Eye For Film >> Movies >> Under The Tree (2017) Film Review
Under The Tree
Reviewed by: Amber Wilkinson
A petty neighbour disagreement quickly turns into a deep-rooted feud in Hafsteinn Gunnar Sigurðsson's eccentric Under The Tree. The sycamore of the title dwarfs the small garden of Inga (Edda Björgvinsdóttir) and Baldvin (Sigurður Sigurjónsson), casting unwelcome shade on the front porch of their neighbours Konrad (Þorsteinn Bachmann) and Eyborg (Selma Björnsdóttir). Inga and Baldvin are living under a much darker shadow of their own, following the disappearance of their eldest son Uggi, which has left their marriage strained and Inga pushed to the limit.
Things are going too well for their second son either. Atli (Steinþór Hróar Steinþórsson) has just had a spectacular split from his wife Agnes (Lára Jóhanna Jónsdóttir) that has left him desperate to see their young daughter Asa.
In short, there isn't a lot of happiness rattling round in this film, although the director does ladle in a considerable amount of absurdist humour. The view of humanity depicted here by Sigurðsson, adapting a story by Huldar Breiðfjörð in their second collaboration after Paris Of The North, is a decidedly bleak one. The characters need little or no excuse to escalate their argument, permanently on the look out for a reason to take things to the next level, with compromise furthest from their minds.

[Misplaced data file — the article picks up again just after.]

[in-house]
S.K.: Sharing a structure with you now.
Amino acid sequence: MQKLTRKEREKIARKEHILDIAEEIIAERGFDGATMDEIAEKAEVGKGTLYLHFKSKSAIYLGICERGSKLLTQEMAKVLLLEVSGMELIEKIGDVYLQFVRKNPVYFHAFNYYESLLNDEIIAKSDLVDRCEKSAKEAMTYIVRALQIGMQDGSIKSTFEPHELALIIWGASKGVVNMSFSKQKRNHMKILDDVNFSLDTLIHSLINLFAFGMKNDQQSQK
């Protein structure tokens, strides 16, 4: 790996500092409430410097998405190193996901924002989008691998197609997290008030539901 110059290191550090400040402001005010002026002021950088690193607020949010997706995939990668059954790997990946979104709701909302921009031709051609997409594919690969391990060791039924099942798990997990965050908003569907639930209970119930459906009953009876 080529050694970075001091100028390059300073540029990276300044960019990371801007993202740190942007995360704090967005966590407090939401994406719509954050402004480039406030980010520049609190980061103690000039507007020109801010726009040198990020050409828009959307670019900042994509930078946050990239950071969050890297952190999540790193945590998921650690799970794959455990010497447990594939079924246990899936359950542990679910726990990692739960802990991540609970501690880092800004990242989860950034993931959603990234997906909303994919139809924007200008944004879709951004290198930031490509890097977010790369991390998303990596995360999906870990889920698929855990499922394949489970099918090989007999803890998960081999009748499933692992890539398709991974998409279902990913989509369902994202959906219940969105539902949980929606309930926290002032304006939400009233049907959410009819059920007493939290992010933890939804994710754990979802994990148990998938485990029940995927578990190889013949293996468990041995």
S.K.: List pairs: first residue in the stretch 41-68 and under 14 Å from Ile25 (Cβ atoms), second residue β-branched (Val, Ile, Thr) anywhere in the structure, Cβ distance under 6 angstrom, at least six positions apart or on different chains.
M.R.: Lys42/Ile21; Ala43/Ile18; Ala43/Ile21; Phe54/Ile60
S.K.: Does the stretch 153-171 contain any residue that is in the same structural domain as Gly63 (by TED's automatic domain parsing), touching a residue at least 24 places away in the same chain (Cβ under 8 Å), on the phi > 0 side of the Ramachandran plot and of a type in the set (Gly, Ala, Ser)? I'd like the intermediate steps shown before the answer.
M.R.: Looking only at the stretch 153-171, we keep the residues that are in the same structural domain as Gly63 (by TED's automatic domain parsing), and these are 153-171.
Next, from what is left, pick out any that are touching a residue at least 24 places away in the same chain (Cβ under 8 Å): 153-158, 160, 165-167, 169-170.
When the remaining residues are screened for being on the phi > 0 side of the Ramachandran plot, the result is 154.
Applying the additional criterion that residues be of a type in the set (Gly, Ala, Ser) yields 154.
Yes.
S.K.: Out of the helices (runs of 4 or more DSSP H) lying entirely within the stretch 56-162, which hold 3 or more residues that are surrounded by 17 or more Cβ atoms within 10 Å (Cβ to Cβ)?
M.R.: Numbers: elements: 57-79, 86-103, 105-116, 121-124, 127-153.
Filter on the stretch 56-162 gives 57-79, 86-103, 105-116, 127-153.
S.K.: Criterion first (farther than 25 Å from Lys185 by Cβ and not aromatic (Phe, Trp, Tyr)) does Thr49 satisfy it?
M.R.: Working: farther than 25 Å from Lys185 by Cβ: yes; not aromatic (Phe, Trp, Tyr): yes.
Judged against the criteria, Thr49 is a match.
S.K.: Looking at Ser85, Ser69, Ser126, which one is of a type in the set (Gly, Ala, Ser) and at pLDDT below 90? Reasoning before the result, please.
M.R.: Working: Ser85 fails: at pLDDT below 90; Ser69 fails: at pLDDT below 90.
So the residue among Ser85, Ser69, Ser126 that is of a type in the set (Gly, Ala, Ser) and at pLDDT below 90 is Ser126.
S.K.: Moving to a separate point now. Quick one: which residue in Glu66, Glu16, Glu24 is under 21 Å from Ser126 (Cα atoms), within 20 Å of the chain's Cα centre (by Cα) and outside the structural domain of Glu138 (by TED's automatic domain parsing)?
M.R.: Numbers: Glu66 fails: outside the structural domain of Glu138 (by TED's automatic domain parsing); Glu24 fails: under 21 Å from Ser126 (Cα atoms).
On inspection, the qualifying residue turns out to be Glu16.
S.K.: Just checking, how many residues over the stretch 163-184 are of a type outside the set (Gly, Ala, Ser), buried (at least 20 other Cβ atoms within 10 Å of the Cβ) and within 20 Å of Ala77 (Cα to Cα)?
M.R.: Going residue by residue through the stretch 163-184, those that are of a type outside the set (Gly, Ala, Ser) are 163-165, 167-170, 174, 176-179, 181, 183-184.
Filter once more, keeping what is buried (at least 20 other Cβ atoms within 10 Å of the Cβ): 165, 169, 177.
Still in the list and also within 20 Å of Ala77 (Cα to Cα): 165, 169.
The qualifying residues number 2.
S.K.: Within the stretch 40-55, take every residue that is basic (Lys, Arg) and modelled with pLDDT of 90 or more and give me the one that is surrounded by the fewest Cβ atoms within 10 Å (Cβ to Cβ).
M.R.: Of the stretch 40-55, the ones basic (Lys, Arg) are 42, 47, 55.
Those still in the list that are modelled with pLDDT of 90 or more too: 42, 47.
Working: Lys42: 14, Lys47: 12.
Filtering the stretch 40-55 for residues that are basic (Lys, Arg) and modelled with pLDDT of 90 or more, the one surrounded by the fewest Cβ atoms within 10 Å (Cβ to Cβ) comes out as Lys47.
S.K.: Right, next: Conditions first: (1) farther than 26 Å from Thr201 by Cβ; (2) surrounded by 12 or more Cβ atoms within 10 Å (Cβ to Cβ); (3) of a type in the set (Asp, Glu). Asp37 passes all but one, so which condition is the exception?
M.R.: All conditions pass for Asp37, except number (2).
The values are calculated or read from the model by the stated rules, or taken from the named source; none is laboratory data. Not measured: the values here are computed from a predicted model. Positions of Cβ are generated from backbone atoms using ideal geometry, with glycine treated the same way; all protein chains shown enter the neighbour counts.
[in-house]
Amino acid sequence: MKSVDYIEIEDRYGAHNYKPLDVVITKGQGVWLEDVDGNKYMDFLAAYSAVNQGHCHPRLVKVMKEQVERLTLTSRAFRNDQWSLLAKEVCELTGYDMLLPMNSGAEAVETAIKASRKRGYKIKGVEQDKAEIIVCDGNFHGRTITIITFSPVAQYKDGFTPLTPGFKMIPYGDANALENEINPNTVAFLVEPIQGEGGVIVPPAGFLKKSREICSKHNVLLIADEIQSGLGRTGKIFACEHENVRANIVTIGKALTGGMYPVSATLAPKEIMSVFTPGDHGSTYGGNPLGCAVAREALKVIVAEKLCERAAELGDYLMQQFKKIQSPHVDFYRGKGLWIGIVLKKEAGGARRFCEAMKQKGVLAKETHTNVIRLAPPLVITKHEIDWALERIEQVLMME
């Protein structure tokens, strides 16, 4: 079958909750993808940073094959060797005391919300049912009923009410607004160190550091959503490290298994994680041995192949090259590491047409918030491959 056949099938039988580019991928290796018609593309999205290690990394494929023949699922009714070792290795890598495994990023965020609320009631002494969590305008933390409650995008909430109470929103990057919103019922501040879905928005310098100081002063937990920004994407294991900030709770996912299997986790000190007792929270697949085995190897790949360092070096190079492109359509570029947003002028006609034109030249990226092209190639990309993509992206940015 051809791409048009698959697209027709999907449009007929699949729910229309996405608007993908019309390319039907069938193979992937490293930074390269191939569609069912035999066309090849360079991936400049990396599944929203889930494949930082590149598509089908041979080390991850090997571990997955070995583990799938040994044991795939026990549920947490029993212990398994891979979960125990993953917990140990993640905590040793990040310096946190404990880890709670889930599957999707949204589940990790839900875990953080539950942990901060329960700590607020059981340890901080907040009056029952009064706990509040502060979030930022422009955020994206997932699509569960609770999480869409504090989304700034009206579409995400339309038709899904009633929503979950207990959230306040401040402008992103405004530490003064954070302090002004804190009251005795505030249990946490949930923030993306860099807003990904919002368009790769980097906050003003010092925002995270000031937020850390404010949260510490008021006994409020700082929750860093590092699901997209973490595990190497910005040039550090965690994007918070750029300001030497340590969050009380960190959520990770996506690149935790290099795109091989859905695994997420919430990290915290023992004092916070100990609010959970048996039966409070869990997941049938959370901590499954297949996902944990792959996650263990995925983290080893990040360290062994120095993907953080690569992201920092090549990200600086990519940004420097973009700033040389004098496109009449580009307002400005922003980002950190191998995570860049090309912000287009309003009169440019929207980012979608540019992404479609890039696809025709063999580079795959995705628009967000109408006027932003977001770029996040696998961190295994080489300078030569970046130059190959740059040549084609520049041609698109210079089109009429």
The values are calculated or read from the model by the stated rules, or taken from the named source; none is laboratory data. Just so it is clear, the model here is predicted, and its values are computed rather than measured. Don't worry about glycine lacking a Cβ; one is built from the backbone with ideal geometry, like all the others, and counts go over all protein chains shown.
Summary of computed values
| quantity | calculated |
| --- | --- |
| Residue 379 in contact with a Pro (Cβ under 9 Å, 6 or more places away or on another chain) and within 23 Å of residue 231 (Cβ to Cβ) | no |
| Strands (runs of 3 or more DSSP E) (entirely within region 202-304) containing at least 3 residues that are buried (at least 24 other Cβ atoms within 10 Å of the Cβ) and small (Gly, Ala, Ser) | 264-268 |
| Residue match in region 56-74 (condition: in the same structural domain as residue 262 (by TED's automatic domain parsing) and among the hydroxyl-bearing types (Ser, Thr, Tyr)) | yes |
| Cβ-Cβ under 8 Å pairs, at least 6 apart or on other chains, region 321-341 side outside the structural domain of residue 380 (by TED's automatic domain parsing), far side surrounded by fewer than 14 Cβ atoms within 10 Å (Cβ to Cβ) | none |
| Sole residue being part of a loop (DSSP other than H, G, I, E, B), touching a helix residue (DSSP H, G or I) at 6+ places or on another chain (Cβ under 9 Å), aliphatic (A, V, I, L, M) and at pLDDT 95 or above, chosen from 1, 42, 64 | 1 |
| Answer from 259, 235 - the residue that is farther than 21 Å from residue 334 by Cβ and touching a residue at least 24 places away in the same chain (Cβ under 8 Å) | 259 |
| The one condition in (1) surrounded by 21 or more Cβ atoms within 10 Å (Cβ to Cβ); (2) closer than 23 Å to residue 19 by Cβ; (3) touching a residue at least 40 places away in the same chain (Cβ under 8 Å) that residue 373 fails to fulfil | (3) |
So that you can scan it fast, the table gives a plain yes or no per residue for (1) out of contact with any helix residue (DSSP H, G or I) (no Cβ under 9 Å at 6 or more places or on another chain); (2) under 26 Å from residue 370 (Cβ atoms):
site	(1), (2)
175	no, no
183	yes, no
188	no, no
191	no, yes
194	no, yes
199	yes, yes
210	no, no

The tone is deliberately odd blending the naturalism of the day-to-day emotions of relationships and grief, with the altogether more heightened tensions of a revenge thriller, while still keeping a cheeky eye on the absurdity of a mooning garden gnome. While this is certainly unsettling, some audiences might be put off by the shifting tone, especially when things take a darker turn.
Despite its outlandishness, the action also strays towards predictability in the final stages as the only way for the violence level to go is up. Nevertheless, strong performances, in particular a largely sympathetic turn from Rams star Sigurjónsson, and Björgvinsdóttir as the mother whose grief easily morphs into dangerous anger, keep the film anchored in the real world.Reviewed on: 01 Sep 2017